LSE bid gives FTSE a short-term surge, ECB stimulus proposal galvanises European...

LSE bid gives FTSE a short-term surge, ECB stimulus proposal galvanises European indices

As expected – and regardless of the long-term implications – today’s bid by HKEX for the LSE left the FTSE frothing at the jowls. Despite the surge, it should be considered more bad news than good. With Greene King being sold to Hong Kong’s richest tycoon, there needs to be some resistance against the sale of strategically important assets – such as the LSE which is the ‘beating heart of the Square Mile’ and London’s financial sector. Regardless, European market indices followed closely behind the FTSE rally, led by the promise of Mario Draghi’s ‘goodbye kiss’ market stimulus package.

Speaking on this afternoon’s entertainment, Spreadex Financial Analyst Conor Campbell said,

“Reports of a takeover bid for the London Stock Exchange by its Hong Kong counterpart helped the FTSE best its peers on Wednesday.”

“At its peak jumping 15%, before settling for a slightly less impressive 6% increase, the LSE provided the main thrust of the UK index’s afternoon gains. The FTSE added 1.1%, pushing it above 7340 for the first time since the start of August, and leaving it with a good chance of closing the right side of 7300, something it has struggled with since September began.”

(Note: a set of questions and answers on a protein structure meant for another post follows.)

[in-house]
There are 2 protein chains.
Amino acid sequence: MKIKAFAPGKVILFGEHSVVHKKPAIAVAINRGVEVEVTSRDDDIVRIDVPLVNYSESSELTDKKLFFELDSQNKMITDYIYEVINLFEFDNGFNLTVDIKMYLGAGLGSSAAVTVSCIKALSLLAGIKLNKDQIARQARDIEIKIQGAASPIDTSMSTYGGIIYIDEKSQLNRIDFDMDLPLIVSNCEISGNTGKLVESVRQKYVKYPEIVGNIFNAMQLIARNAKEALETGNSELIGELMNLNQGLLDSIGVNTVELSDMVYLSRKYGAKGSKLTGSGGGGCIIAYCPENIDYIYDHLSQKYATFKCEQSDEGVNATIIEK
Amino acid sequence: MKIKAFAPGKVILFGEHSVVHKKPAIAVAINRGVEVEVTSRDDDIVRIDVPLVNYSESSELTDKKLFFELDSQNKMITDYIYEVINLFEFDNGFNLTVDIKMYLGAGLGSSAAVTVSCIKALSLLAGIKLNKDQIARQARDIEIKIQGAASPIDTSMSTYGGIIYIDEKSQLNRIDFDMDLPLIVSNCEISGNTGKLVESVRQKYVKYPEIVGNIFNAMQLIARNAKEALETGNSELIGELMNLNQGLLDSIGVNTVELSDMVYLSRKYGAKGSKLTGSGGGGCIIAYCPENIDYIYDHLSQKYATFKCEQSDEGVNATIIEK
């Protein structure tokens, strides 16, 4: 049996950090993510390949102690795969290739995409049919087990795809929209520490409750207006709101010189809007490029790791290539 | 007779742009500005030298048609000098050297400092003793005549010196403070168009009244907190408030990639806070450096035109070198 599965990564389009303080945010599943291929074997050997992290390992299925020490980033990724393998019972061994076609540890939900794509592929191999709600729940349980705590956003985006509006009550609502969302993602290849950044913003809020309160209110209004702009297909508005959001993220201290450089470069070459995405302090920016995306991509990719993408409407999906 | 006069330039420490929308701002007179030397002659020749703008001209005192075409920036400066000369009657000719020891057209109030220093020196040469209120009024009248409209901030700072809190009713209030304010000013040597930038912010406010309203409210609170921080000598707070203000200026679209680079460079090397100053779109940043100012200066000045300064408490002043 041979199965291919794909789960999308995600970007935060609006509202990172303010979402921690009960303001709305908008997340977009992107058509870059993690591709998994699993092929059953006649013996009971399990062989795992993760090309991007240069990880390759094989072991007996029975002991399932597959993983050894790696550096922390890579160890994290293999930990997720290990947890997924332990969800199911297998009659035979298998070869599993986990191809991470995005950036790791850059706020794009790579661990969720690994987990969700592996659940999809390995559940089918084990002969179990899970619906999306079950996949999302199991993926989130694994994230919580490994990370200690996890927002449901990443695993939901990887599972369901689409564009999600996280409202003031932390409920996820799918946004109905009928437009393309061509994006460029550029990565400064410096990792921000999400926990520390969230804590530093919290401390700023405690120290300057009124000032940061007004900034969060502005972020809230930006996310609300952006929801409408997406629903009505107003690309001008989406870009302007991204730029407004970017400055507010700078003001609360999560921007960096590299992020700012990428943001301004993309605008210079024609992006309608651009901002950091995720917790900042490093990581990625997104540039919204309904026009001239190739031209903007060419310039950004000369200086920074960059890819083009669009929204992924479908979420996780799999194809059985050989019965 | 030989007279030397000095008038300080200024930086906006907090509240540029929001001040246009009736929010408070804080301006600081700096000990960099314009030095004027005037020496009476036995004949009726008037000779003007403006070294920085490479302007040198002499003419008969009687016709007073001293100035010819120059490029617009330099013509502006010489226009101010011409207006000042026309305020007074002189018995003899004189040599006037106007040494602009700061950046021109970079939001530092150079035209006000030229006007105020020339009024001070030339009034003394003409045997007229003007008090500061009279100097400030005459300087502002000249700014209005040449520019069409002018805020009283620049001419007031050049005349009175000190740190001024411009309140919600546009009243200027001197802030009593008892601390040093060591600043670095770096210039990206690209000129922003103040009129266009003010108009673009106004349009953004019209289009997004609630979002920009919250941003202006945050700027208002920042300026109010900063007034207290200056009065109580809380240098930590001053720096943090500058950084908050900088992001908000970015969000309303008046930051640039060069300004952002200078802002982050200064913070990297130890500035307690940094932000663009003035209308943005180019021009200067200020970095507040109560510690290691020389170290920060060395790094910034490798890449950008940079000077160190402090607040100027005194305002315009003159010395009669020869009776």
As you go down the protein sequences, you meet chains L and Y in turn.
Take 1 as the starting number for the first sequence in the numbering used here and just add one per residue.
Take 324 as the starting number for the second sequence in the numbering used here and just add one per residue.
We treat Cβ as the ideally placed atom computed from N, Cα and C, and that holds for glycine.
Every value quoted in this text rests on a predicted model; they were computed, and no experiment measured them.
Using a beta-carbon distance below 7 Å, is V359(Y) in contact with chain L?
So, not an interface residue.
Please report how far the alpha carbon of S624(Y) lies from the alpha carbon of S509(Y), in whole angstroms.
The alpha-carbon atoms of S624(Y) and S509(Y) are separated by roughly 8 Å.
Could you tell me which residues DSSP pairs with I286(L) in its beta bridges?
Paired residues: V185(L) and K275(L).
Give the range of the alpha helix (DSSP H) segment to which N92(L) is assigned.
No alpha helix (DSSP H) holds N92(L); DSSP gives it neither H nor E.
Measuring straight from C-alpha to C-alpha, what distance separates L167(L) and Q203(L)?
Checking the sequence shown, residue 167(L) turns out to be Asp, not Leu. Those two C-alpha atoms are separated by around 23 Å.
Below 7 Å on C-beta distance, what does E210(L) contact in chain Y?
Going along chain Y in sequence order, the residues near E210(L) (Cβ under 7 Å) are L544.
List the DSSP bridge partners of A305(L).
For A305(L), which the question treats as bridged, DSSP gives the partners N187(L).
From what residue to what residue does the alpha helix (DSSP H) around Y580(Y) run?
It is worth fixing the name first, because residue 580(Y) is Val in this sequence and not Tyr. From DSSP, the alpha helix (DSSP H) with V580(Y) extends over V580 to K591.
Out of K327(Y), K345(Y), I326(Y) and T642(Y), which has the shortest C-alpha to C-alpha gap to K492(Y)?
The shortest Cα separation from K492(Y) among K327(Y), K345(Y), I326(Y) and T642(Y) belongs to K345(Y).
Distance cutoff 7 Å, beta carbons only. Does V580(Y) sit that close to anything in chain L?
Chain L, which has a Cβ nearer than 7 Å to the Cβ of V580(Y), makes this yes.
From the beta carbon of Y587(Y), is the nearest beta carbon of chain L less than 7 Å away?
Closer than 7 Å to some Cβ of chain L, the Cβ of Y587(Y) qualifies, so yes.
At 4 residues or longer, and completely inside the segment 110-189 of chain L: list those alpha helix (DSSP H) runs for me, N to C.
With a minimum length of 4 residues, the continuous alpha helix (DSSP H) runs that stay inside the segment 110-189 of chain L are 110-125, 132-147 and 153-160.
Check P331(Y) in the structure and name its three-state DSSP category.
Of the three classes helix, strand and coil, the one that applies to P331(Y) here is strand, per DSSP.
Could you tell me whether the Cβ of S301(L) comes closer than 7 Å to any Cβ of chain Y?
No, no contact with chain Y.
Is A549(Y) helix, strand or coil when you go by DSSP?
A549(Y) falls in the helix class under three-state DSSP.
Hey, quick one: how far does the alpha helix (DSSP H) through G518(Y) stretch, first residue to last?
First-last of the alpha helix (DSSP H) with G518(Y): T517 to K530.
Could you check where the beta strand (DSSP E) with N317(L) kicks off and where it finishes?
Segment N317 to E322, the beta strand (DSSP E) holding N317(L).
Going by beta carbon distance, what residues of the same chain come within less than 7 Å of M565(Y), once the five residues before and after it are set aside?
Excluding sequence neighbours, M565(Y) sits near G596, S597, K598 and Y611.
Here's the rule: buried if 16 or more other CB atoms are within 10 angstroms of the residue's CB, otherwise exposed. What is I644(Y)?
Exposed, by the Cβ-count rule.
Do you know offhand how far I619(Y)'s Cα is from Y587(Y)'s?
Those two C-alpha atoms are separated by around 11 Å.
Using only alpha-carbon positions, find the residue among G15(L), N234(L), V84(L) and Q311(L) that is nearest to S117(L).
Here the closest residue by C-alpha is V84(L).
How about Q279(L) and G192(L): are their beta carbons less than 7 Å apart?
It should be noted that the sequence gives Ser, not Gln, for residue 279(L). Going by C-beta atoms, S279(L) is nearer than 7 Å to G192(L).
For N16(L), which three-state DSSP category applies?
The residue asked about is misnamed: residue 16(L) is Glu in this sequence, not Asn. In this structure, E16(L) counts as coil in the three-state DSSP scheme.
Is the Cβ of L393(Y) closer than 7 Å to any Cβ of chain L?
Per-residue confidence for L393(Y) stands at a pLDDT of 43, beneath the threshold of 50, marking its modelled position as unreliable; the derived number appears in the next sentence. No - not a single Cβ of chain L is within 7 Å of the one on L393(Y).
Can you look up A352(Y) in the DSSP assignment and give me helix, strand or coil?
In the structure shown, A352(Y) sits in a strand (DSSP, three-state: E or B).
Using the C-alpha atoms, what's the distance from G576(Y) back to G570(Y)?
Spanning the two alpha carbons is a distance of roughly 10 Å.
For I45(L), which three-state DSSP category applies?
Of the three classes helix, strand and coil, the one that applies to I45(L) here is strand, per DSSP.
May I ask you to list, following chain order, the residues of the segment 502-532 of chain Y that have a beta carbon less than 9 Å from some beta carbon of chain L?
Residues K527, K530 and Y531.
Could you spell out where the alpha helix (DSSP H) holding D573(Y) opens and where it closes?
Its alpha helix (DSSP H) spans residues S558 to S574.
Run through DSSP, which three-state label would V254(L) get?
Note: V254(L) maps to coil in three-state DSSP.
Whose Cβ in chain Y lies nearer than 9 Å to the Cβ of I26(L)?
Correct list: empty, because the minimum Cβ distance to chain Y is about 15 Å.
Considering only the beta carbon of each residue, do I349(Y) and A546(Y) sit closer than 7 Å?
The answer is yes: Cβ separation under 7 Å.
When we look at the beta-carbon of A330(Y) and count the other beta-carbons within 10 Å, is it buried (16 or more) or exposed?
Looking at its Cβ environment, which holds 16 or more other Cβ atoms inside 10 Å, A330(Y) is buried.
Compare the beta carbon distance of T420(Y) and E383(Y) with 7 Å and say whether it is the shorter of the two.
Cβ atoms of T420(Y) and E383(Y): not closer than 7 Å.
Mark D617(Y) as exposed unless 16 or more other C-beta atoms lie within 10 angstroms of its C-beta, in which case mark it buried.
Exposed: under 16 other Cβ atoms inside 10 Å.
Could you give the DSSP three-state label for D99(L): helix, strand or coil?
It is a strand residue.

“Though the FTSE was far and away the day’s biggest winner, the Eurozone indices still put a solid shift in. Anticipating that Mario Draghi will bestow upon the region a new round of stimulus as his departing present, the DAX and CAC climbed 0.7% and 0.5% respectively.”

“While trade war optimism has been given as a reason to explain Wednesday’s gains, it wasn’t enough for the Dow Jones to come out of the gates hot. Nevertheless, its meagre 0.2% rise still pushed it towards 26950, a level last seen at the end of July.”

“It was a mixed session for sterling, suggesting that some non-Brexit news took hold despite the Scottish courts ruling that Boris Johnson’s prorogation of parliament is unlawful. Against the dollar it fell 0.2%, the greenback aided by a better than forecast PPI reading; against the euro, however, it jumped 0.3%, the single currency fretful ahead of Thursday’s ECB meeting.”

Elsewhere in large financial player and macro economic news, there have been updates from; Lloyds Banking Group PLC (LON: LLOY),  Jo Johnson quittingHilary Benn’s Brexit delay billParliament being proroguedBarclays (LON: BARC) and Deutsche Bank (ETR: DBK).